What is the Glycemic Index?
Using a scale of 1 to 100, Glycemic Index- GI is a numerical index of how your blood sugar is affected within two to three hours of eating foods that are high in carbohydrates and how they turn into blood glucose. The glycemic index is about the quality of the carbohydrates, not the quantity.
Eating foods that help stabilize your blood sugar and insulin levels is the key to your long term health, and lower GI foods do just that.
Foods that are digested and absorbed faster will have a higher glycemic index of 70 and above. 55 and under is low GI, 56 to 69 is medium GI on a scale of 1 to 100.
Glucose is the reference food with a GI value of 100 and this will be the maximum value any food can have.
History of Glycemic Index
David Jenkins, a professor of nutrition at the University of Toronto invented the Glycemic Index in 1981. It was originally created to help people withdiabetes, then it led to the one of the most popular non-fad diets of today, Glycemic Index Diet.
After giving his subjects most common carbohydrate rich foods, he recorded their blood sugar levels after a specific period of time. His findings were surprising. For example, in equal quantities, white bread caused a higher spike in blood glucose levels of the subjects than ice cream!
Other nutrition and diet experts went on to test hundreds of foods in labs over the years, and these were compiled into today’s Glycemic Index Chart.
Nowadays, GI is an important part of medical nutrition in Australia and Canada. People in some areas of Europe and the United States are also slowly becoming aware of GI’s roles in weight loss, athletic performance, treatment of diabetes, heart disease and PCOS.
How is Glycemic Index Measured?
The average GI value is calculated from data collected from 10 or more volunteers. Both the standard and test food must contain an equal amount of available carbohydrate- 50 grams. The smaller the percentage of carbs in the food, the larger the portion needs to be in order to provide the standard 50 gram amount of digestible carbs.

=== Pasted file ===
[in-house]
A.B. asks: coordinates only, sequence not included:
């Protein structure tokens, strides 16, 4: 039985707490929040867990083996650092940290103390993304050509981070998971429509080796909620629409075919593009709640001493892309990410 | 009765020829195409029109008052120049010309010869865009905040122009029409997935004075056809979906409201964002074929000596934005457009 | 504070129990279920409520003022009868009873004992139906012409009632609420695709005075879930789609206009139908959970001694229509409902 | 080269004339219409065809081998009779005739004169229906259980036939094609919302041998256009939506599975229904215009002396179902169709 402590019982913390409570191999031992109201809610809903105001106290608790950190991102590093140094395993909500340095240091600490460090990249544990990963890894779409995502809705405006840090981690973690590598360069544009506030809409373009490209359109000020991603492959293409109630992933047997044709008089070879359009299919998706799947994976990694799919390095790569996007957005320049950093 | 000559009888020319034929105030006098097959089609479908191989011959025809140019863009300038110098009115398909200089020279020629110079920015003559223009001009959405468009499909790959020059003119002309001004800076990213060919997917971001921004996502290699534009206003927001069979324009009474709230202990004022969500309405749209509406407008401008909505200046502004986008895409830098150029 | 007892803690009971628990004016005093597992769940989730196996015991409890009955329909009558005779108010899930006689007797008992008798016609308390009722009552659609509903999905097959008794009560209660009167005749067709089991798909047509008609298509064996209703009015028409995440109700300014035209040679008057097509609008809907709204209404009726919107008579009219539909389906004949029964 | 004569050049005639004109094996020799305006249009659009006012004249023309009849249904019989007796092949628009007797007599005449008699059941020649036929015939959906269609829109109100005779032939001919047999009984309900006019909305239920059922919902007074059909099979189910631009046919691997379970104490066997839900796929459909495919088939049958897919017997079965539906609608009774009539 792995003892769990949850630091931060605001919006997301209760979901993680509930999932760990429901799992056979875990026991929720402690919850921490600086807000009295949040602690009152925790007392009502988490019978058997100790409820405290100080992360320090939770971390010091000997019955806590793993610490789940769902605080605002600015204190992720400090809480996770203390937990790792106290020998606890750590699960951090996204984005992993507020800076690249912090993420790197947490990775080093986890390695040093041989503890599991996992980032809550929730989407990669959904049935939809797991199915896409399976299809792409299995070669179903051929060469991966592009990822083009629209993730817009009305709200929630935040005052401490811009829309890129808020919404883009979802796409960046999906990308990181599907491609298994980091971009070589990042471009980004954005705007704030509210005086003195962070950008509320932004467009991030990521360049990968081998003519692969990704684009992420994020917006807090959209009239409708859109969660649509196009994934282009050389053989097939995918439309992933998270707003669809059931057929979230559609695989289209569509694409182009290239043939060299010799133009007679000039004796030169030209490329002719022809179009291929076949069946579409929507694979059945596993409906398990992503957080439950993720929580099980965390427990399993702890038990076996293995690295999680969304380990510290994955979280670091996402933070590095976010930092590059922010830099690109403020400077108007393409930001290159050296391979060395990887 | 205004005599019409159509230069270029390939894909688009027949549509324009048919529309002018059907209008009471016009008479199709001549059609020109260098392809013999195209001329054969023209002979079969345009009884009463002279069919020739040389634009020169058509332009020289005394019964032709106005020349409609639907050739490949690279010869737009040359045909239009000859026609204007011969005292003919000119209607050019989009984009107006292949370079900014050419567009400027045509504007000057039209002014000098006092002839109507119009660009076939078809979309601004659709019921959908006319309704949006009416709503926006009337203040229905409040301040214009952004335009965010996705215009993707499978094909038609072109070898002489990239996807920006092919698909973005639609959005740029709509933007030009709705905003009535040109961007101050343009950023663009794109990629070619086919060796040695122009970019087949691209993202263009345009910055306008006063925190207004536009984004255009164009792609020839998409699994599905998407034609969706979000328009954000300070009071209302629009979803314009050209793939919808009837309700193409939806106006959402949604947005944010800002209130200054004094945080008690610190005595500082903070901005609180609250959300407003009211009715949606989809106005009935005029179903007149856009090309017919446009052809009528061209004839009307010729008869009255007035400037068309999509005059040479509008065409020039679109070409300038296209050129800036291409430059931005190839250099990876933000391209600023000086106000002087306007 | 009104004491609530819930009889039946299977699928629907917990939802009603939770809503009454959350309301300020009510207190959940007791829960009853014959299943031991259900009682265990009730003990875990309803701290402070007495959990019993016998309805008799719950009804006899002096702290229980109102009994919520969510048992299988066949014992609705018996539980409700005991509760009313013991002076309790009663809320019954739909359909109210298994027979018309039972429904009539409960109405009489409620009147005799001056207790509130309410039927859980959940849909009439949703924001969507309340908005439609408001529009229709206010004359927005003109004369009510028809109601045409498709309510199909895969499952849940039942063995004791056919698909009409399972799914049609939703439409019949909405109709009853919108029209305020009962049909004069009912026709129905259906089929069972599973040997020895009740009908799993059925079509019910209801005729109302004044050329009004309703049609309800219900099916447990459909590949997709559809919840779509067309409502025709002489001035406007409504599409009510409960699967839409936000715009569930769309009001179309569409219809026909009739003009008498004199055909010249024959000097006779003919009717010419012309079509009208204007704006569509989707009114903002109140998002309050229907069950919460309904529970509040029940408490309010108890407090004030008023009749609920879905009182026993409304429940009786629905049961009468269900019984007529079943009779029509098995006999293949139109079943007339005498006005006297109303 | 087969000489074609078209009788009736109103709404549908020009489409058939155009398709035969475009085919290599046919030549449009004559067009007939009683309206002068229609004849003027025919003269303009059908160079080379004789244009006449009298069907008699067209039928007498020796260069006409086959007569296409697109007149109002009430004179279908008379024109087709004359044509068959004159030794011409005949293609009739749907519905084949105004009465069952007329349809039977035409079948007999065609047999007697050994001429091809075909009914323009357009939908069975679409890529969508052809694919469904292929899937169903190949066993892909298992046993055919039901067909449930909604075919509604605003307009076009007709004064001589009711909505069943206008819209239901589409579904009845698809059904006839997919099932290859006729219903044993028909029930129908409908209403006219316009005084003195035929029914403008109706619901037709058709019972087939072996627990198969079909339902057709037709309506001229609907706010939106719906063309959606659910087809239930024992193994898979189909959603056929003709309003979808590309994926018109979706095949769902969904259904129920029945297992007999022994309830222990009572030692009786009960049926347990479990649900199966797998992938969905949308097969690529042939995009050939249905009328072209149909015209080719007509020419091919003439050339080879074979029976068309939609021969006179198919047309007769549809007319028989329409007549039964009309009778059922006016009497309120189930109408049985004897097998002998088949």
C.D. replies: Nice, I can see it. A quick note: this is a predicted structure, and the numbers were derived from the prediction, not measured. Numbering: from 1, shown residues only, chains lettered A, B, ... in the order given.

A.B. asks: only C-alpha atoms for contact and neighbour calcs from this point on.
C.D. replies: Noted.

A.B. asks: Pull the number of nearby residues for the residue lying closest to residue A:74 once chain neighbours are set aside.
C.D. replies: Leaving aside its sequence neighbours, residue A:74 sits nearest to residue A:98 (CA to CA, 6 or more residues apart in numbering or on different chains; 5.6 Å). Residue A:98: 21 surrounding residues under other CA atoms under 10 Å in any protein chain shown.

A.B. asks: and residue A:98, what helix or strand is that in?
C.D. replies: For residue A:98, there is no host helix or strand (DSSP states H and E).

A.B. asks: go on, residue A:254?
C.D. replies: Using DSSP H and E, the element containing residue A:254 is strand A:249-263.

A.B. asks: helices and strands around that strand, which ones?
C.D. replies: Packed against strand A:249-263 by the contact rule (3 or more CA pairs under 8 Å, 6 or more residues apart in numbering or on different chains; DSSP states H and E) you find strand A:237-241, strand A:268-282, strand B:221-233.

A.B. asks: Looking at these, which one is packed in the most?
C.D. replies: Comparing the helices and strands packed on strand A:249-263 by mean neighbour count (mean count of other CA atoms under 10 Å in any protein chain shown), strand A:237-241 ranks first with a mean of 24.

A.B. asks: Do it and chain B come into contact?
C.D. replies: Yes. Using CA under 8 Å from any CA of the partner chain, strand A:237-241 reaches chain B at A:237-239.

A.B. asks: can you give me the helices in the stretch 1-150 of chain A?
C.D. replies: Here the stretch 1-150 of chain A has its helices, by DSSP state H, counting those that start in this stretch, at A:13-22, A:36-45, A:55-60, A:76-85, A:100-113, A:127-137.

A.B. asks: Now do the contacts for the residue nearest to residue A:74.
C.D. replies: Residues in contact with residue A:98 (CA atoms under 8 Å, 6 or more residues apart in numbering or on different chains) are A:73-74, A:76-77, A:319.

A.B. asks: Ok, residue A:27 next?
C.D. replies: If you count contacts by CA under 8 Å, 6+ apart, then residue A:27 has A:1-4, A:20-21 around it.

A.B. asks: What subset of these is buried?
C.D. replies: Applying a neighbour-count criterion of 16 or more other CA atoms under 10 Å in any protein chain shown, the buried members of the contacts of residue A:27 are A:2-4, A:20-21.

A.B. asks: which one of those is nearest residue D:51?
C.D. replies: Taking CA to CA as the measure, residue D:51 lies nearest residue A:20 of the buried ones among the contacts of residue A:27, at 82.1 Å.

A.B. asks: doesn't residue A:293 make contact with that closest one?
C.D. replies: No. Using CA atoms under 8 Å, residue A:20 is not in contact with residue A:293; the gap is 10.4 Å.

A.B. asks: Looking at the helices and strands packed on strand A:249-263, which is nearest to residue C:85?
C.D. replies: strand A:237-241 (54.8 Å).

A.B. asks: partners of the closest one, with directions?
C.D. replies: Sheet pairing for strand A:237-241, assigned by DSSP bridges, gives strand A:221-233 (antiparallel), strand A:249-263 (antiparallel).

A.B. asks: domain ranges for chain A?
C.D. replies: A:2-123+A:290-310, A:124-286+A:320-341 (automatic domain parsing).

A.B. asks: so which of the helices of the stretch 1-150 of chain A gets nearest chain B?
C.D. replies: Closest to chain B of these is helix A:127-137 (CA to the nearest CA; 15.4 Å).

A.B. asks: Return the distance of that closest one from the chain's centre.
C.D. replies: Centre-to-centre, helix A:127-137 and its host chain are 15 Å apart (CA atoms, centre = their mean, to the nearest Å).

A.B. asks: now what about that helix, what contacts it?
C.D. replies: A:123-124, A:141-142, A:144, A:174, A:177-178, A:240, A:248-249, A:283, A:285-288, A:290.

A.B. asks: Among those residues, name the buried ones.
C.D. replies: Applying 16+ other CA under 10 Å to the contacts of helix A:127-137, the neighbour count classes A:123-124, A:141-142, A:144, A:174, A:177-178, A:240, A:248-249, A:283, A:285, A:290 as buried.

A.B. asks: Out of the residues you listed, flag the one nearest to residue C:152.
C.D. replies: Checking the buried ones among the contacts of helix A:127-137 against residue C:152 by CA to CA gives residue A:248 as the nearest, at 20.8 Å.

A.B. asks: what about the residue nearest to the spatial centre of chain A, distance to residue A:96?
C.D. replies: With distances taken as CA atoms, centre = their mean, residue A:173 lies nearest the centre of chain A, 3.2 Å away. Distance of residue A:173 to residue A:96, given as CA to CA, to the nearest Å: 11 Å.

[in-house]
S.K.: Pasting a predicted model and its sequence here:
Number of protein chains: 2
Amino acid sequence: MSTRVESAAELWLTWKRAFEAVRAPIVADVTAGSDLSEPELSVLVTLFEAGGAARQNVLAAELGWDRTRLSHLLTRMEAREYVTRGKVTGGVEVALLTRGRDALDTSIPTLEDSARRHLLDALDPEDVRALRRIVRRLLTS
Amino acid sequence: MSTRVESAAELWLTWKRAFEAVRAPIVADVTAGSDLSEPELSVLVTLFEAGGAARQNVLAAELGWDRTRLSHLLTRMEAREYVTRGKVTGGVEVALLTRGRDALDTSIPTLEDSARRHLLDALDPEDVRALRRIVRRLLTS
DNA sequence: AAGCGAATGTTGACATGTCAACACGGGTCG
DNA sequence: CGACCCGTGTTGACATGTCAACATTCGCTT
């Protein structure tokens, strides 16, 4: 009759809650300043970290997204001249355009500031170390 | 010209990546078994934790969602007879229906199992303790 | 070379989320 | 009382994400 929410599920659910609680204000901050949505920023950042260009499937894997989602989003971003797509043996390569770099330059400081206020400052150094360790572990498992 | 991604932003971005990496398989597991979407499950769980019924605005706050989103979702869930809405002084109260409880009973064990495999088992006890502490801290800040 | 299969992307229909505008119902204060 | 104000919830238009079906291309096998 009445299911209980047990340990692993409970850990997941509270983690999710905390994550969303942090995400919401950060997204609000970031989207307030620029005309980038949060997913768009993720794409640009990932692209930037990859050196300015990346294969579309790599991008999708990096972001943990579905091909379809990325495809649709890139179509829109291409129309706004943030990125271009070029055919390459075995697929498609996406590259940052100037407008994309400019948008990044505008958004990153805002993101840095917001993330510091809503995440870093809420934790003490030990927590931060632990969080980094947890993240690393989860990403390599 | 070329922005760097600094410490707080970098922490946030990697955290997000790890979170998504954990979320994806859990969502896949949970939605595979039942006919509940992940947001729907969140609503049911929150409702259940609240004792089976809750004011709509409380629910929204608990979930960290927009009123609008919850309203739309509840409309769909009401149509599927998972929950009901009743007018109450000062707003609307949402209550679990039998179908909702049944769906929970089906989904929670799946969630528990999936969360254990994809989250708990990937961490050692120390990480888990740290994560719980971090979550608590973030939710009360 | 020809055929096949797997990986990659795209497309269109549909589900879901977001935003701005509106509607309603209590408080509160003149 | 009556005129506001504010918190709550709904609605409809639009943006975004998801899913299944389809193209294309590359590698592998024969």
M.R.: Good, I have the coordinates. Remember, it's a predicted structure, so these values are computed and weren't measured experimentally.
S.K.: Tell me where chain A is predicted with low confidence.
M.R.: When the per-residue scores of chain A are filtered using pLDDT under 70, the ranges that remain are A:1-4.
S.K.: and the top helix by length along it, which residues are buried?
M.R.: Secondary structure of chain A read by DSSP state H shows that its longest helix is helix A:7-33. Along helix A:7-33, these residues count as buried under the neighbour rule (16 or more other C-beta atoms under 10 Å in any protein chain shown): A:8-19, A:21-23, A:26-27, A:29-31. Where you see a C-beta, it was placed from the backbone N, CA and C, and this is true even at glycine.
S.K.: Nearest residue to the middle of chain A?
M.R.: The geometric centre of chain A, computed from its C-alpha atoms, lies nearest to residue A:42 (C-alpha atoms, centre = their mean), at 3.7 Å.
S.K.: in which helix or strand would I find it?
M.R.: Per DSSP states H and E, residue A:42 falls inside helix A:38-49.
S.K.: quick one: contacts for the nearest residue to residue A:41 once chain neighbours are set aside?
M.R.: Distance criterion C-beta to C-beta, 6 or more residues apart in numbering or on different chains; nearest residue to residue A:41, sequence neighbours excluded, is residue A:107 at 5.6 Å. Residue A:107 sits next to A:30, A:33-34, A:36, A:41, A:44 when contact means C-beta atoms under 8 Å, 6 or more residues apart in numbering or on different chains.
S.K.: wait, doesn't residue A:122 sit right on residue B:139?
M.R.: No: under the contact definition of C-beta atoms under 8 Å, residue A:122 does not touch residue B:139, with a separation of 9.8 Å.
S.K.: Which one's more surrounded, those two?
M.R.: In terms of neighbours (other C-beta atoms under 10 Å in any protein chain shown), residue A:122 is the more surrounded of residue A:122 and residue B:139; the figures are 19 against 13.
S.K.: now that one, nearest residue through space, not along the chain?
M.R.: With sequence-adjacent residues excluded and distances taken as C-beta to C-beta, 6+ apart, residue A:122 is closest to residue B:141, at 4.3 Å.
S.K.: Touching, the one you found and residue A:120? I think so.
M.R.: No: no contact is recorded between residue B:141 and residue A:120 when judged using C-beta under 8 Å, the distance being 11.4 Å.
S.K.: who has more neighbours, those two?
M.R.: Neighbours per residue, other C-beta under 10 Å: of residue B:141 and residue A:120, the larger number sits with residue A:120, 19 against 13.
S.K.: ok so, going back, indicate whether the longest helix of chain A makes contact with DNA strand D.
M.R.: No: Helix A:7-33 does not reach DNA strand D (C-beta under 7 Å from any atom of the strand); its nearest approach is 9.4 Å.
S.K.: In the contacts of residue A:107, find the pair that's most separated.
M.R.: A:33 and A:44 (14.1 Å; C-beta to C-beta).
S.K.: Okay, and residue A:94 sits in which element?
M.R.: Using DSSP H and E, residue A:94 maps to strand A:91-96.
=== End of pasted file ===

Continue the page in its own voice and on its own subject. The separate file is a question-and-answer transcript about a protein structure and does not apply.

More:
A sample of blood is then taken from each subject every 15 minutes during the first hour and thereafter every 30 minutes. These blood samples are laboratory-tested for glucose content and the results recorded.
The GI of a food is defined as (the area under the two hour blood glucose response curve- AUC) following the ingestion of this fixed portion of carbohydrate. The AUC of the test food is divided by the AUC of the standard- either glucose or white bread, giving two different definitions- and multiplied by 100. The result gives a relative ranking for each tested food.
How to Switch to a Low GI Diet?
• Eat small, regular meals of a variety of foods from different nutrient groups: When a high-GI food is eaten with a low-GI or high-protein food, the effect of the high-GI food on blood sugar levels is reduced.
• Eat lean meats- protein and oily fish or seafood- Omega 3 fatty acids regularly every week. Cut away any visible fat on meats and choose barbecuing or grilling as cooking methods over frying. Do not use creamy high saturated fat sauces on your meat.
• Drink more water, skimmed milk- calcium and fruit juices- vitamins and minerals rather than sweet drinks that are loaded with sugar.
• Eat more nuts and seeds, more legumes, more wholegrain breads and cereals that are also low in sugar.
• You can’t go wrong with fruits and vegetables, have at least five servings every day.
GI for Performance
Use of Glycemic Index in exercise nutrition may have some value when considering pre- and post- training meals. These are eaten according to whether they are rated as low, medium or high.
Carbohydrates in the form of sugars are the body’s prime energy source. They are a ready source of energy that can fuel about 90 mins of continuous exercise, which represents an energy reserve of about 2000kcal within the body. Carbs are required by the body because it is the most effective means of producing energy. The GI therefore is a useful guide.
It is suggested low to moderate ranked foods- pasta, porridge be consumed several hours prior to exercise due to their long slow release of glucose into the blood stream. While high glycemic index foods- corn flakes, honey, sports drinks, sweets should be consumed during or post exercise because they quickly release glucose into the blood stream which will be rapidly taken up into the muscles.
*I’m sure you’ve noticed that there are so many different workout plans and supplements out there that claim that they can quickly help you perform better and build lean muscle quickly. You may have already tried many of them only to see money fly out of your pockets, little to no muscle gains and lots of wasted time and energy.